Trump's OSHA to Roll Back More Worker Safeguards, Slow Walk Others

by Katie Tracy | May 14, 2018

The White House released its Spring 2018 Unified Agenda of Regulatory and Deregulatory Actions on May 9 with little fanfare. A close examination of the agenda for the Occupational Safety and Health Administration (OSHA) shows that protecting worker health and safety is anything but a priority for the Trump administration. Rather, the agency will continue to focus on weakening worker protections.

OSHA's spring agenda lists 20 planned activities – 15 carryovers from the fall agenda, four agenda items moved from the agency's list of long-term actions to now in play, and one new activity.

The 15 carryover items include 14 announcements of delays, ranging from one to seven months. For example, one carryover on the agenda is the agency's plan to weaken the 2017 beryllium standard by easing safety requirements on the construction and maritime industries. The standard protects workers from chronic disease and lung cancer, but the Trump administration seems to be in no hurry, delaying enforcement of the standard while it considers revoking provisions of the rule that the industry finds inconvenient. The agency says it still intends to finalize the revised standard but is sliding back its deadline by three months, from September to December 2018.

OSHA is delaying by six months the date by which it expects to issue an advanced notice of proposed rulemaking on strengthening its existing lead standard by lowering the blood lead ...

Senators' Letter Brings Welcome Oversight to Troubled White House Office

by James Goodwin | May 10, 2018
Yesterday, six senators, led by Sen. Maggie Hassan of New Hampshire, criticized Trump administration "regulatory czar" Neomi Rao and her office for what appears to have been a slapdash review of a highly controversial Environmental Protection Agency (EPA) draft policy designed to stifle the agency's progress on advancing environmental and public health protections. Rao is the administrator of the White House Office of Information and Regulatory Affairs (OIRA), a small but powerful bureau located within the Executive Office of the ...

Disastrous Inequality

by Daniel Farber | May 10, 2018
Texas and Puerto Rico both got hit very hard last year by major hurricanes. But the federal government moved a lot more quickly to get help to Texas. In a new paper, I document the difference and explore the reasons. Although I won't go into all the details here, this is a situation people need to know about. , though there's a more extensive table in the paper. FEMA says it poured just as many resources into Puerto Rico as ...

New Report: It's Time to Repeal the Congressional Review Act

by James Goodwin | May 02, 2018
Over the last couple of weeks, conservatives in Congress have continued their assault on public safeguards using the once-obscure and once-dormant Congressional Review Act (CRA). If their latest adventure succeeds, it will be the 16th public protection that these members, working with in concert with President Donald Trump, have obliterated over the last year, laying waste to a broad and diverse range of measures related to public health, safety, the environment, and consumer financial protection.  The anti-safeguard lawmakers behind these ...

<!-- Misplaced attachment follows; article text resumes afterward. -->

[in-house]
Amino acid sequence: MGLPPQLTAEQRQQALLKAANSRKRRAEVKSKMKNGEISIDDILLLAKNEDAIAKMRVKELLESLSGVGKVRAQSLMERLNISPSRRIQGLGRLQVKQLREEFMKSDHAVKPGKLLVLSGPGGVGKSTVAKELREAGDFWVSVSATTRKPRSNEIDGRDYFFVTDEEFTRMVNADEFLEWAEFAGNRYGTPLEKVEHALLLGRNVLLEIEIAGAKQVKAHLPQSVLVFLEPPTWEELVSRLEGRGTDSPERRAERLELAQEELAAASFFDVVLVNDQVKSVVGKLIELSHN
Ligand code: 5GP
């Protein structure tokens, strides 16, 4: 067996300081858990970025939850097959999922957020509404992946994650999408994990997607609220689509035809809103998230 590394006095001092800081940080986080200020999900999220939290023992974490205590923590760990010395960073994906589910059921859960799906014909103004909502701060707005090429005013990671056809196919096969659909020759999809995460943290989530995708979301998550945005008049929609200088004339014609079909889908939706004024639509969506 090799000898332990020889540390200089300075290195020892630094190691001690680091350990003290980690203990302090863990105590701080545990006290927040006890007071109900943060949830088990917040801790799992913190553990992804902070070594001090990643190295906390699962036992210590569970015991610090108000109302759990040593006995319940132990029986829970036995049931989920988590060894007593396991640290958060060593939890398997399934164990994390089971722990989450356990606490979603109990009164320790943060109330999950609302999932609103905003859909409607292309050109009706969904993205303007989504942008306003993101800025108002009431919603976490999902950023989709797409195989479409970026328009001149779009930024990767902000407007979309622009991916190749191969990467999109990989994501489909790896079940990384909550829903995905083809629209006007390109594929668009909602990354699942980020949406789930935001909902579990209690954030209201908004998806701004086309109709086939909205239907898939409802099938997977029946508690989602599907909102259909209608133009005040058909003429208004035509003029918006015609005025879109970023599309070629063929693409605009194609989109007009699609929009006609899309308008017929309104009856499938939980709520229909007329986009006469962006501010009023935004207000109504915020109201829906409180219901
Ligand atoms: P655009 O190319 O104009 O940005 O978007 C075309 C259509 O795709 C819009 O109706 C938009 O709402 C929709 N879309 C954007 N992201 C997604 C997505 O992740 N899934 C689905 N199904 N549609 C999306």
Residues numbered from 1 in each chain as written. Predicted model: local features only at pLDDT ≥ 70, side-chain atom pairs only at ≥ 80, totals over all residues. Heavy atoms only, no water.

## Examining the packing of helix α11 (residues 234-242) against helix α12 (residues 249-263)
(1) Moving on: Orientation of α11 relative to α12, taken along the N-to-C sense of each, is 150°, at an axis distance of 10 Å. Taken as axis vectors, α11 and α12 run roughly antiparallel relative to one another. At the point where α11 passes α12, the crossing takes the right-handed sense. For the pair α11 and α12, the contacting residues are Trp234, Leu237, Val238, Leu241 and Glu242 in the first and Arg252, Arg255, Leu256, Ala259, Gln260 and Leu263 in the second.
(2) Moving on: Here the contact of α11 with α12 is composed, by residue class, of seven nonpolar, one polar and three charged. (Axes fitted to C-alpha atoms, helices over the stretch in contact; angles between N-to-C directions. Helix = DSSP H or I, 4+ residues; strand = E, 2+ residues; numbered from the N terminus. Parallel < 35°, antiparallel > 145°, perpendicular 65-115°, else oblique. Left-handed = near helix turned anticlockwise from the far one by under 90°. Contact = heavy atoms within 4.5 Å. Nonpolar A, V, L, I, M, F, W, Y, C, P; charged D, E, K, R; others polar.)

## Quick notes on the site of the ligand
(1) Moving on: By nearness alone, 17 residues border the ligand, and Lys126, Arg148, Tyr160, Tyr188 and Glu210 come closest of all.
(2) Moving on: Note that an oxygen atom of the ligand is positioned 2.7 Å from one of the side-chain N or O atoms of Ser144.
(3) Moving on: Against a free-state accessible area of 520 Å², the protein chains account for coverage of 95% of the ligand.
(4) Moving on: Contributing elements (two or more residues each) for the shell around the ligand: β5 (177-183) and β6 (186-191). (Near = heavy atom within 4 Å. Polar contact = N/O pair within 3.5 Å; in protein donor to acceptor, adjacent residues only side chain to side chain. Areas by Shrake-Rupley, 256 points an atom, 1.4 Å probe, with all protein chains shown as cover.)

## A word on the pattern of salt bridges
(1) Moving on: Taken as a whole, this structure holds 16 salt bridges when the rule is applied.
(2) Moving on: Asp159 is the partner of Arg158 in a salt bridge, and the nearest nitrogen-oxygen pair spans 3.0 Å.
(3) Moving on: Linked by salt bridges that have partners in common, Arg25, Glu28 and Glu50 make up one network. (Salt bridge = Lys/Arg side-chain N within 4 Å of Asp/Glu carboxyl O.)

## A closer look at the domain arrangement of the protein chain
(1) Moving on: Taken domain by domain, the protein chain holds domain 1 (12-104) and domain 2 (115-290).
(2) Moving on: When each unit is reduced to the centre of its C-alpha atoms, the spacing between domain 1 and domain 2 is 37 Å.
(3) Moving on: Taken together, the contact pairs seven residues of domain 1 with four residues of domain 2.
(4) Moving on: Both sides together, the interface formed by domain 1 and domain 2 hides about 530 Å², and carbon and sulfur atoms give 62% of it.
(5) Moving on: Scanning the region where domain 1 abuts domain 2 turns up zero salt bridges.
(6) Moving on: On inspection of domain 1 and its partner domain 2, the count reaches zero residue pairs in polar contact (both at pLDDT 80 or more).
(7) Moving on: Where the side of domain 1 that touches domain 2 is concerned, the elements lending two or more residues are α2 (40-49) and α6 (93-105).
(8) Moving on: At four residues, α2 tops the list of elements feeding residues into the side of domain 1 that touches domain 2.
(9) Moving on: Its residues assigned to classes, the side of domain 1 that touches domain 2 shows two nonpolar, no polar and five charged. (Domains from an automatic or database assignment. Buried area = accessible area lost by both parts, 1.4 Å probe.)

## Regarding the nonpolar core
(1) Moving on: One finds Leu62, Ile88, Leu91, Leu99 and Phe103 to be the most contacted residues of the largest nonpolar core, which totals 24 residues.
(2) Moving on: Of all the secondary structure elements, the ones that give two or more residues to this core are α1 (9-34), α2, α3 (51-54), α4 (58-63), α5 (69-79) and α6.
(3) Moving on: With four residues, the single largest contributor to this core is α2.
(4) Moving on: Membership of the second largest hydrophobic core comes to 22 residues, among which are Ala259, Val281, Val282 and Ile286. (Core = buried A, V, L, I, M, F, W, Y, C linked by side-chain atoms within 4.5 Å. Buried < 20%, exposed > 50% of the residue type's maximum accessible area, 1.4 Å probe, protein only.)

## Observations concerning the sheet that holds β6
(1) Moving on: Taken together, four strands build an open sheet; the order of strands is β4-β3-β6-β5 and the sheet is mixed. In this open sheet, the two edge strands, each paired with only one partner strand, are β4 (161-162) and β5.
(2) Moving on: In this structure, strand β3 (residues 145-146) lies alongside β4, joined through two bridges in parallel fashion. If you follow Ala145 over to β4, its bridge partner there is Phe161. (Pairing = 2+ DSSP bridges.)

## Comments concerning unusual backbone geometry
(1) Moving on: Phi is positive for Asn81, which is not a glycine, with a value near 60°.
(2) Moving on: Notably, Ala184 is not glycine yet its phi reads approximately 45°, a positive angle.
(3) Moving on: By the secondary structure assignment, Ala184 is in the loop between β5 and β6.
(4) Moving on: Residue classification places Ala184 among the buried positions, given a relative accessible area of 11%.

Workers at Risk from USDA's Proposed Swine Slaughter Inspection Rule

by Katie Tracy | May 01, 2018
The U.S. Department of Agriculture's Food Safety and Inspection Service (USDA/FSIS) proposed a rule on Feb. 1 to alter inspection procedures for hog slaughter plants by revoking the existing cap on maximum line speeds and transferring key inspection tasks from USDA inspectors to private plant workers. These changes to current practices raise numerous concerns for worker health and safety, all of which the agency fails to address in the proposal.  Because of these concerns, Center for Progressive Reform (CPR) Member ...

The Questionable Legal Basis of the EPA 'Transparency' Proposal

by Daniel Farber | April 30, 2018
"They sat at the Agency and said, 'What can we do to reimagine authority under the statutes to regulate an area that we are unsure that we can but we're going to do so anyway?'" When he said those words, Scott Pruitt was talking about the Obama administration. But it seems to be a pretty accurate description of the "transparency" proposal he issued last week. Everyone agrees that it would be good to increase the public availability of scientific information ...

Workers' Memorial Day 2018

by Katie Tracy | April 25, 2018
On Saturday, April 28, CPR will observe Workers' Memorial Day by remembering fallen workers whose lives were taken from this world too soon and by renewing our pledge to fight for all working people.  Every day in this country, 14 workers leave for work, never to return home. One worker is killed on the job every two hours in the United States. In 2016, 5,190 workers died earning a living, the highest number on record in eight years. That doesn't ...

Recipe: Turning the House's Lemon of a Farm Bill into Lemonade

by Laurie Ristino | April 25, 2018
Last week, the House Agriculture Committee passed a pock-marked, micro-legislated Farm Bill along strict party lines. It's a shameful goody bag of legislative delights for a few that comes at the expense of the majority of the American people.  Some lowlights: The bill holds our hungriest Americans hostage by conditioning SNAP benefits (food stamps) on job training (what kind of country withholds food from its citizens?); reduces conservation dollars that are critically needed given the pitiful state of soil health ...

Scholars Call Out Congressional Committee for 'Mythification' of NEPA

by James Goodwin | April 24, 2018